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How to Impress Your Boss or Professor

Getting to your employer's bottom line

During my very first job evaluation years ago, my boss said flatly, "Anita, it's the products that count."

"Oh." I had spent countless hours at the office preparing lectures and training my research team and writing up documents. But all of that didn't matter because I had not yet produced a publication at that job site. The result was that I got a .2 % raise that year (yes, that's a fifth of one percent).

In today's tough economy, employers are "trimming the fat" out of their companies, firing the people who aren't efficiently advancing the company's objectives. Are you providing the bottom line to your employer, or are you working hard on many things that don't really count? For example, are you the person who brings in the most sales quarter after quarter? Or are you the one who organizes the company outings and sets up the college basketball pool (i.e., doing time-consuming, but otherwise useless stuff)?

If you're a student, are you spending time in classes taking notes but not really listening? Working hard on papers that don't really address the assignment?

What is important to realize is that your bosses and professors put tons of weight on noteworthy events when deciding what kind of an employee or student you are. For instance, if you are caught surfing the Internet during business hours or class time, even just once, your employer or professor might decide that you are a slacker.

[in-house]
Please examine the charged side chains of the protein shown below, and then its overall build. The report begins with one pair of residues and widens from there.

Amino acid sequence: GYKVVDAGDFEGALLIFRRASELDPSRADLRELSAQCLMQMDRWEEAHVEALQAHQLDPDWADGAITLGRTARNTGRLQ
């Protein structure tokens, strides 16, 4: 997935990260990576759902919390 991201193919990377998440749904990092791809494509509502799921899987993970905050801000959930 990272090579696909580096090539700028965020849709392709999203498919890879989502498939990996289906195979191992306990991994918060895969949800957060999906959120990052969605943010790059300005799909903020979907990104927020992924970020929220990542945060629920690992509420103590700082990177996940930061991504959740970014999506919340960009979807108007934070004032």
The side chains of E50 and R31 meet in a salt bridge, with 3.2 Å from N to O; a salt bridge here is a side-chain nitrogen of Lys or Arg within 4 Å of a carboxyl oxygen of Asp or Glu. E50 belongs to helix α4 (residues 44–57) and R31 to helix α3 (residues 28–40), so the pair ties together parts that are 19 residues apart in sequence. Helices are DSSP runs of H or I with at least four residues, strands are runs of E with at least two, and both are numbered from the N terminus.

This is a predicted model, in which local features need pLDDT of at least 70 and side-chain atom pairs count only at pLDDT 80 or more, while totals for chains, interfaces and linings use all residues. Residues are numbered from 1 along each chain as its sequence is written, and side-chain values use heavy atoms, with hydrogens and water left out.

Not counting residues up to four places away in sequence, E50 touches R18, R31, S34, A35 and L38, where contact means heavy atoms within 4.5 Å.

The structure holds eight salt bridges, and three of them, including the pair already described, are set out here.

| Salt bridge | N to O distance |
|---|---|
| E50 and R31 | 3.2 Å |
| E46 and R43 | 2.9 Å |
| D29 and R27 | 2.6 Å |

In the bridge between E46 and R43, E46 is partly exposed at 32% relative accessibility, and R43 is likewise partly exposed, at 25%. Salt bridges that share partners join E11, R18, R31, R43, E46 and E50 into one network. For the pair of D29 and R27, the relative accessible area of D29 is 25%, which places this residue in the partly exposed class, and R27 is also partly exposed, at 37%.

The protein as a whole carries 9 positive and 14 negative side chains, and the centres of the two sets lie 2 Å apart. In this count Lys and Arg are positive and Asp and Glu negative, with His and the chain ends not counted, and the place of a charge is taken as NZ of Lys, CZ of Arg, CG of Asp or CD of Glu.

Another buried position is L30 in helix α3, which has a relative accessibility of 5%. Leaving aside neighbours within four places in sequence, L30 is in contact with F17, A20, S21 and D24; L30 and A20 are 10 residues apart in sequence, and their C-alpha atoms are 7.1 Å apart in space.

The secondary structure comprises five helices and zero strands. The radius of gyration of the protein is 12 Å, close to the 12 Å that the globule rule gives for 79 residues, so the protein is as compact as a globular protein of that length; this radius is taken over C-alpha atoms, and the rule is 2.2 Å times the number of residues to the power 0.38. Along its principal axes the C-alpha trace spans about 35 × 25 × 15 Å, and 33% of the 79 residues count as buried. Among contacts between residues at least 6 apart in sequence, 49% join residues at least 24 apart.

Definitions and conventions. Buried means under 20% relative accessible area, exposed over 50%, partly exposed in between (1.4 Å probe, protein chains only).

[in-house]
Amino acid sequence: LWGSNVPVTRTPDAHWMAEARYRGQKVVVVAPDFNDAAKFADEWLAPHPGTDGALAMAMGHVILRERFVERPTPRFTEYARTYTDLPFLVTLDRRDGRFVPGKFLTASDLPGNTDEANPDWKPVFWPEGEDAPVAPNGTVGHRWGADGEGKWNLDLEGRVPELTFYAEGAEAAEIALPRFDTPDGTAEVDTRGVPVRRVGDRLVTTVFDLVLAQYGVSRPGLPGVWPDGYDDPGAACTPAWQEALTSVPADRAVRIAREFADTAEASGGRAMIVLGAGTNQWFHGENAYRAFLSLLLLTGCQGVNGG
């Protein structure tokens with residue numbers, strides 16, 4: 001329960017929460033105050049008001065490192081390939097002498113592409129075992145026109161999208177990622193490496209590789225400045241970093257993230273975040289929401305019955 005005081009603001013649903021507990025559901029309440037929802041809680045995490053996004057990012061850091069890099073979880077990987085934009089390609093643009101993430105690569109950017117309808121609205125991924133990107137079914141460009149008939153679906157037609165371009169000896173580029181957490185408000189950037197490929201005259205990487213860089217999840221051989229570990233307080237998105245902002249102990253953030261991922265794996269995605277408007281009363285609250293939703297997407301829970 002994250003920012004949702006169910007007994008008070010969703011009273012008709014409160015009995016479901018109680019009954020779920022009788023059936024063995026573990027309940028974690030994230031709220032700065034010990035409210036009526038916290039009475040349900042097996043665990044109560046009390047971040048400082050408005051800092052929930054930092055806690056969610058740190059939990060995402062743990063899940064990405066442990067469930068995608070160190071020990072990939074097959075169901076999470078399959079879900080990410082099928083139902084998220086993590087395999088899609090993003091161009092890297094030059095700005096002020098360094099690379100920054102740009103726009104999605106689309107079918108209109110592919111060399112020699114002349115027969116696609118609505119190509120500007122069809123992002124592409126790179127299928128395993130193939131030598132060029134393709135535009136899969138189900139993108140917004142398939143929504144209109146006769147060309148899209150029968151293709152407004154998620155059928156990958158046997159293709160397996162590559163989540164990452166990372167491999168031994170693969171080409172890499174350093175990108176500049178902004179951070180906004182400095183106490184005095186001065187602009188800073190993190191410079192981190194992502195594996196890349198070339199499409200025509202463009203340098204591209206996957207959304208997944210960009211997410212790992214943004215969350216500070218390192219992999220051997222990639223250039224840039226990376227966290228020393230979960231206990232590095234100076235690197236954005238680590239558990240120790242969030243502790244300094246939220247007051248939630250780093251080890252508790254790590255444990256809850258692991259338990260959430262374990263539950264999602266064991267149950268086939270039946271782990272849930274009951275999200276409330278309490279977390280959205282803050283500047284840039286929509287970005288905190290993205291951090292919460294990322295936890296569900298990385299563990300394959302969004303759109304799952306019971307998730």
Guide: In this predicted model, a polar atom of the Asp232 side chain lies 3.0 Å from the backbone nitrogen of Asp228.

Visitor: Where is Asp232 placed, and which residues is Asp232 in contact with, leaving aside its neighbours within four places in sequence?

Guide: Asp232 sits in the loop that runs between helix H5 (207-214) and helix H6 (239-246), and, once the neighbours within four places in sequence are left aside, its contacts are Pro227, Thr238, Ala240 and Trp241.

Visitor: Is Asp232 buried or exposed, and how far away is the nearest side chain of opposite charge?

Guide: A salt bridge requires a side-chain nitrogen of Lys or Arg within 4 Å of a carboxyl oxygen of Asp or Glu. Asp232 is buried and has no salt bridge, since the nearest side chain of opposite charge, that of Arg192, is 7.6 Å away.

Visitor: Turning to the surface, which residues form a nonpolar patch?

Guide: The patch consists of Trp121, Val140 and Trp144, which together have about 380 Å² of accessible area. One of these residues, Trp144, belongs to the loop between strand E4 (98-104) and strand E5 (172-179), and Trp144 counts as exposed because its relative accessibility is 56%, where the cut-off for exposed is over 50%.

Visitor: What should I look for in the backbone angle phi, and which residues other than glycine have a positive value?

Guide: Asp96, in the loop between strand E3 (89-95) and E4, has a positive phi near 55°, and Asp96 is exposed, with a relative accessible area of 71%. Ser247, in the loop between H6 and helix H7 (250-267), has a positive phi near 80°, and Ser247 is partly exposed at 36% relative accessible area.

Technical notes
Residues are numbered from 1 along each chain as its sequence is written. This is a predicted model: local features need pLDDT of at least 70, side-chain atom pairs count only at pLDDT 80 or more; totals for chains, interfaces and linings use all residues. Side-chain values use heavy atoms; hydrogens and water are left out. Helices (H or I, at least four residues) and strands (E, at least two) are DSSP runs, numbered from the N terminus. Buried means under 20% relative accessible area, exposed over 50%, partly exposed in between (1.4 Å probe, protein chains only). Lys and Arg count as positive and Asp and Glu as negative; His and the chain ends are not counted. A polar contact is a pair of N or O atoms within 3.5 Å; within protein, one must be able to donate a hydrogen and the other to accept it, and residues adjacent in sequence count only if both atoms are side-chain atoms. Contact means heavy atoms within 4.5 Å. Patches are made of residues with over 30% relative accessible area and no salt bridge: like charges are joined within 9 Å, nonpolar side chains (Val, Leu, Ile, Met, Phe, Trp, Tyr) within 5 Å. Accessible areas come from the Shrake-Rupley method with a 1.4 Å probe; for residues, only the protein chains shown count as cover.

A famous personality researcher named Walter Mischel discovered about 30 years ago that indeed people weigh too heavily these “prototypical behaviors” that squarely represent the broader class of a given trait when judging others to have certain personality traits. This means that based on just one or two noteworthy events, you can get a certain label. You can use this kind of information to help you make a great impression on your boss or professor (or your friends for that matter). For example, you can be the one employee who reaches out to a particularly difficult potential client and lands his business. Or you can be the one student who turns in her midterm paper early. You may become labeled as a "go-getter."

A combination of focusing on doing those key, protoypical behaviors that represent your boss's idea of a productive employee, plus avoiding those prototypical behaviors of a bad employee (like showing up late for work) is just the ticket for you. Just think of all the time you'll be saving once you focus on the bottom line and dump all the useless activities you currently do at work.

If you are interested in following up on these ideas, you can check out my blog at

or you can order my paperback book at